Join us at 1 p.m. ET Thursday for a live Q&A on frequently asked coronavirus questions. Learn more.
From the AARP Bulletin Print Edition, March 1, 2011
Anyone who has ever opened a cellphone bill to find astoundingly high charges can empathize with Bob St. Germain. His bill was $18,000.
In 2006 St. Germain, 67, of Dover, Mass., began trying to get the charges lifted. He went through automated systems, live customer service, collection agencies and the media before his cellphone carrier removed the charges.
The Federal Communications Commission is considering rules to help prevent cases like St. Germain's. An agency survey showed that 30 million American consumers of cellphone and broadband service — one in six — have experienced what has come to be called "bill shock." Eighty-eight percent of those surveyed said the cellphone company did not contact them after their bill suddenly increased, and 84 percent said their cell carrier did not contact them when they were about to exceed their allotted minutes, text messages or data downloads.
Under rules being considered by the FCC, the companies would have to give consumers a heads-up when they are about to exceed their allotments or if their bill is about to increase.
In the case of St. Germain, his son ran up charges when he plugged his cellphone into a laptop to connect to the Internet. The son didn't know free Web access was no longer included after his father renewed the family plan.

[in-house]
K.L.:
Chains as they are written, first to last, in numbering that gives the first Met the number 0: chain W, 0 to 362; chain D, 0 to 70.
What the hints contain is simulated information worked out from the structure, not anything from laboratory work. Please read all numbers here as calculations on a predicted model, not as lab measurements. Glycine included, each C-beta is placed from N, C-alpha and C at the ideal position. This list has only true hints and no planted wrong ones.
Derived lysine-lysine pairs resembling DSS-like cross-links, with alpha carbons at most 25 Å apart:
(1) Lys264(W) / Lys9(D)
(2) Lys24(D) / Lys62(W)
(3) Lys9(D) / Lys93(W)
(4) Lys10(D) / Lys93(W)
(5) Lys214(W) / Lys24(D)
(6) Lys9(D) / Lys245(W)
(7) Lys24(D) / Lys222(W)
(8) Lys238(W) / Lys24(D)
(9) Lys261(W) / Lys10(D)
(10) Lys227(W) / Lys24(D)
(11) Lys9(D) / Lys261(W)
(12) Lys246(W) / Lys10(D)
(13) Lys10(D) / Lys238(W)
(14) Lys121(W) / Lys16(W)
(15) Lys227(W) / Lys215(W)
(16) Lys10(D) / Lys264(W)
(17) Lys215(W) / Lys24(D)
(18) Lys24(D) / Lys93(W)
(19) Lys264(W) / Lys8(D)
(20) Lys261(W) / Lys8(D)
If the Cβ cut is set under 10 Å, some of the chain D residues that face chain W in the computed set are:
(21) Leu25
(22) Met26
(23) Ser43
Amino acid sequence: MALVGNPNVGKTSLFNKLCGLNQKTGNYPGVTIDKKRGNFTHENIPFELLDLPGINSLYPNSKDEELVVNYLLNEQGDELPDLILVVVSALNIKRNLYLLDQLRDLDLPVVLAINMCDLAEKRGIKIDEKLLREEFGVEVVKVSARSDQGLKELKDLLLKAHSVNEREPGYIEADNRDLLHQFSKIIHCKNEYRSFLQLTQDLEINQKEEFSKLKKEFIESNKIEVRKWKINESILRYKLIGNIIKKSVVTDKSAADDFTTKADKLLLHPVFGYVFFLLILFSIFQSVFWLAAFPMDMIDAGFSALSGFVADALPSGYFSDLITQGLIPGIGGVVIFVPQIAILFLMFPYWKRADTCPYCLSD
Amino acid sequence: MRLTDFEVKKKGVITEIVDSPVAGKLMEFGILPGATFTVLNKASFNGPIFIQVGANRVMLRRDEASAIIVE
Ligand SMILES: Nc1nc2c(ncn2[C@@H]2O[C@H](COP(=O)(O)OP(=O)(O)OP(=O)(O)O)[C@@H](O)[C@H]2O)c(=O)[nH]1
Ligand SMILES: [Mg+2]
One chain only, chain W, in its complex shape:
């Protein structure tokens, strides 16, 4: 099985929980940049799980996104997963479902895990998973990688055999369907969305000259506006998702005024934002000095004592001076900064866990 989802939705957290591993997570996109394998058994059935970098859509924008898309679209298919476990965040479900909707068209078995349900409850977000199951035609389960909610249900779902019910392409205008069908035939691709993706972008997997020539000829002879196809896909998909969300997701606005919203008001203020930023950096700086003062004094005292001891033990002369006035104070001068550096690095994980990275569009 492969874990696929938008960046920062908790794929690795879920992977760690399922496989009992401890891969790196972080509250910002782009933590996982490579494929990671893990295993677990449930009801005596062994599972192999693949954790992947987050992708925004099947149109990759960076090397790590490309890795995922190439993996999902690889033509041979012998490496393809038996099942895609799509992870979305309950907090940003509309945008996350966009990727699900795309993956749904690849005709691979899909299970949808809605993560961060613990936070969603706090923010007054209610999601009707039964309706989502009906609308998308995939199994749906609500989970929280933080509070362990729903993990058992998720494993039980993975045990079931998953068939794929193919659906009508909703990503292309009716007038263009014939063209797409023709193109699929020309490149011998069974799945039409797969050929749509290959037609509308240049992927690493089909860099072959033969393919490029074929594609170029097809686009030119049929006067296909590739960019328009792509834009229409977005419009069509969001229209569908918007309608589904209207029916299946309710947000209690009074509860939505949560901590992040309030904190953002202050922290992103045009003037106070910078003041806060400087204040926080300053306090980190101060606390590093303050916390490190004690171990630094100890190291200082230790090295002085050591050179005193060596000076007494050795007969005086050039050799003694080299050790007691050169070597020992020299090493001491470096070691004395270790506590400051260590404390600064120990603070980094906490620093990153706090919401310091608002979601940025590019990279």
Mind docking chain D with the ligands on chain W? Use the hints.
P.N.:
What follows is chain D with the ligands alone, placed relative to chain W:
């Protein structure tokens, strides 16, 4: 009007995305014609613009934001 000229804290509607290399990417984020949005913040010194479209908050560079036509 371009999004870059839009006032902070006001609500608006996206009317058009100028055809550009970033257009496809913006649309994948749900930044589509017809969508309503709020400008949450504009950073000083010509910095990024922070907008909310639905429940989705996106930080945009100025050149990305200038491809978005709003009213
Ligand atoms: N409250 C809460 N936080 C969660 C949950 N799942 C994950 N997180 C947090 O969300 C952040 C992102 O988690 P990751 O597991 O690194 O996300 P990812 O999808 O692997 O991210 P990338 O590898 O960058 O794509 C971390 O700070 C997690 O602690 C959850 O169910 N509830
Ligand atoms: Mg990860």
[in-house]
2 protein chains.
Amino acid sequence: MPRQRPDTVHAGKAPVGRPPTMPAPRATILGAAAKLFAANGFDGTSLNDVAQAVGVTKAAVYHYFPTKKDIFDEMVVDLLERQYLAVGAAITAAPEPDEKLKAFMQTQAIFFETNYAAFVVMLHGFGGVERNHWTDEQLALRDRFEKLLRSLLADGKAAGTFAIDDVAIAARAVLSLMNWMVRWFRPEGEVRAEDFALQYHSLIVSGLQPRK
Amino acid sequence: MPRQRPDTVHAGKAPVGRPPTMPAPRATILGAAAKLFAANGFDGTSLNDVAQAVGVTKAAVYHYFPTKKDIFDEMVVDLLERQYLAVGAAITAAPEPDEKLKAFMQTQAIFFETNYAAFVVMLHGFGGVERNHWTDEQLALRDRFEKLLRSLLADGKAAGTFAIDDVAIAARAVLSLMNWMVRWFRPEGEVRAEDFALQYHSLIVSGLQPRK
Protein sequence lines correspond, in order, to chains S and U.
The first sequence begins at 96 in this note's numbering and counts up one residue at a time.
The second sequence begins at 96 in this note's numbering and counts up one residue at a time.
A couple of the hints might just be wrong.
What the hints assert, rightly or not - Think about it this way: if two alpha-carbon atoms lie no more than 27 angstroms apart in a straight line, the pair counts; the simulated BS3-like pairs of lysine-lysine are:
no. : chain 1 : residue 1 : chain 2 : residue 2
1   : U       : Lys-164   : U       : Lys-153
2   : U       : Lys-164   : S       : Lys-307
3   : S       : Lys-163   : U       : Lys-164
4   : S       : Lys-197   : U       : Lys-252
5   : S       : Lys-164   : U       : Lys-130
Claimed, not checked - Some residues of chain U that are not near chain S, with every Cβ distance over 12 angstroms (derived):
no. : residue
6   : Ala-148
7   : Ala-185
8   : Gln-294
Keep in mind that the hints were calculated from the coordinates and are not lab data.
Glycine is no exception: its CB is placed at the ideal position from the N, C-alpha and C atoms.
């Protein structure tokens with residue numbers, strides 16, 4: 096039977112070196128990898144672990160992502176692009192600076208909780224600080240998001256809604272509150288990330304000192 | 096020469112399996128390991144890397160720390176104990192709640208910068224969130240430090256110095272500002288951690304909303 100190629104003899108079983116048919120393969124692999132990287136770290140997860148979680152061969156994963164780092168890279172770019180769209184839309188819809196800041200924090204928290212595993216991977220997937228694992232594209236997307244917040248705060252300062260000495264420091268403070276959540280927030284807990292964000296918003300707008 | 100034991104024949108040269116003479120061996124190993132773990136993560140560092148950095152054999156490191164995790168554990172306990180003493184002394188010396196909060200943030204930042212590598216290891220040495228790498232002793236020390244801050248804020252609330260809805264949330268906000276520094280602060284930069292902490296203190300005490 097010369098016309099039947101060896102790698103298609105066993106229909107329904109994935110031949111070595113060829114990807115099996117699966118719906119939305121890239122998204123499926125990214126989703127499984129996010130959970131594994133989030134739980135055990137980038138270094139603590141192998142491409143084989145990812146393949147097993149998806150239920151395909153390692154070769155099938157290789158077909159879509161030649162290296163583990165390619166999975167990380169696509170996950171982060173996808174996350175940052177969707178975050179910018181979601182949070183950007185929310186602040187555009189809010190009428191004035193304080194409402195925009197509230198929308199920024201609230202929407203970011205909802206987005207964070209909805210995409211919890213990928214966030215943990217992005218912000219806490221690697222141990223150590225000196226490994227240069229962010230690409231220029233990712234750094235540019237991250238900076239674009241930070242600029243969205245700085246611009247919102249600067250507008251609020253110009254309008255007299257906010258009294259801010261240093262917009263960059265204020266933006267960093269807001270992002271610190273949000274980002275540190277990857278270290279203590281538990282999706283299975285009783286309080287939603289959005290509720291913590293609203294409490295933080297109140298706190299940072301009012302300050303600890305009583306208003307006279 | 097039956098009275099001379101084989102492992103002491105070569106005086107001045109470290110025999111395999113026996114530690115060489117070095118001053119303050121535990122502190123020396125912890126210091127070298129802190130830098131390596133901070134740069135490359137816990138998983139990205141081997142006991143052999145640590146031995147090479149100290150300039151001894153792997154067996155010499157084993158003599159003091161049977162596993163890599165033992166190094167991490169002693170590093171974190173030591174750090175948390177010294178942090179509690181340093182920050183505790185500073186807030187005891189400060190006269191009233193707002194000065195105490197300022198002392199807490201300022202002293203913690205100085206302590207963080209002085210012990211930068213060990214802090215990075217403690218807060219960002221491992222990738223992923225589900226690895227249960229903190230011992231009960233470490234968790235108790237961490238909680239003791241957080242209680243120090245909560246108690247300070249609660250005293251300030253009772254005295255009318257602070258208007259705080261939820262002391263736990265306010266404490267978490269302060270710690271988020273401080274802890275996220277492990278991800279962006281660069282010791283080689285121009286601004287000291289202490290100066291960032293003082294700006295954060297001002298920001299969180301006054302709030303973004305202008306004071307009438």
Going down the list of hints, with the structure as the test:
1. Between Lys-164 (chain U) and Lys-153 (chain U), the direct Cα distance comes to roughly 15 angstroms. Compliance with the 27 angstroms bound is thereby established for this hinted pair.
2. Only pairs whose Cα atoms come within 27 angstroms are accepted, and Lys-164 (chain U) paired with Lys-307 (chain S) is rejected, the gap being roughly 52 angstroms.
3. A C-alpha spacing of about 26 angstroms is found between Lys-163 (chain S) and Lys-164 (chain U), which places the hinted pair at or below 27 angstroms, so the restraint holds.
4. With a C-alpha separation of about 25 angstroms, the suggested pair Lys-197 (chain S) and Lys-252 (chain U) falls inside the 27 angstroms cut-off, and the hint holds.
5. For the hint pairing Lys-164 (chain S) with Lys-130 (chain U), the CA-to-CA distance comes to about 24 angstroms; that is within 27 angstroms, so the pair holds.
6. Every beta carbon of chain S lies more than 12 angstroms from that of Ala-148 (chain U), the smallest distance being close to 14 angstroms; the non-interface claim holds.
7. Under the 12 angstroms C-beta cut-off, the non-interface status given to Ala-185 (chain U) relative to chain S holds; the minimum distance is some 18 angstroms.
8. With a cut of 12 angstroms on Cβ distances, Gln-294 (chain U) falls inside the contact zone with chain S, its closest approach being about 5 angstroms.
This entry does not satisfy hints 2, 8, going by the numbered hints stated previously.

In comments to the FCC, AARP legislative counsel David Certner said cellphones have "become an indispensable tool of modern life," and pointed to an FCC survey in which 22 percent of respondents who said they had experienced "bill shock" were over age 50.
Please leave your comment below.
You must be logged in to leave a comment.
Learn about isolation and how you can make a difference
Rate bonus on high-yield online savings account
This tool helps you identify your pills by color, shape and markings.
AARP members receive exclusive member benefits & affect social change.
You are leaving AARP.org and going to the website of our trusted provider. The provider’s terms, conditions and policies apply. Please return to AARP.org to learn more about other benefits.
Your email address is now confirmed.
Manage your email preferences and tell us which topics interest you so that we can prioritize the information you receive.
Explore all that AARP has to offer.
In the next 24 hours, you will receive an email to confirm your subscription to receive emails
related to AARP volunteering. Once you confirm that subscription, you will regularly
receive communications related to AARP volunteering. In the meantime, please feel free
to search for ways to make a difference in your community at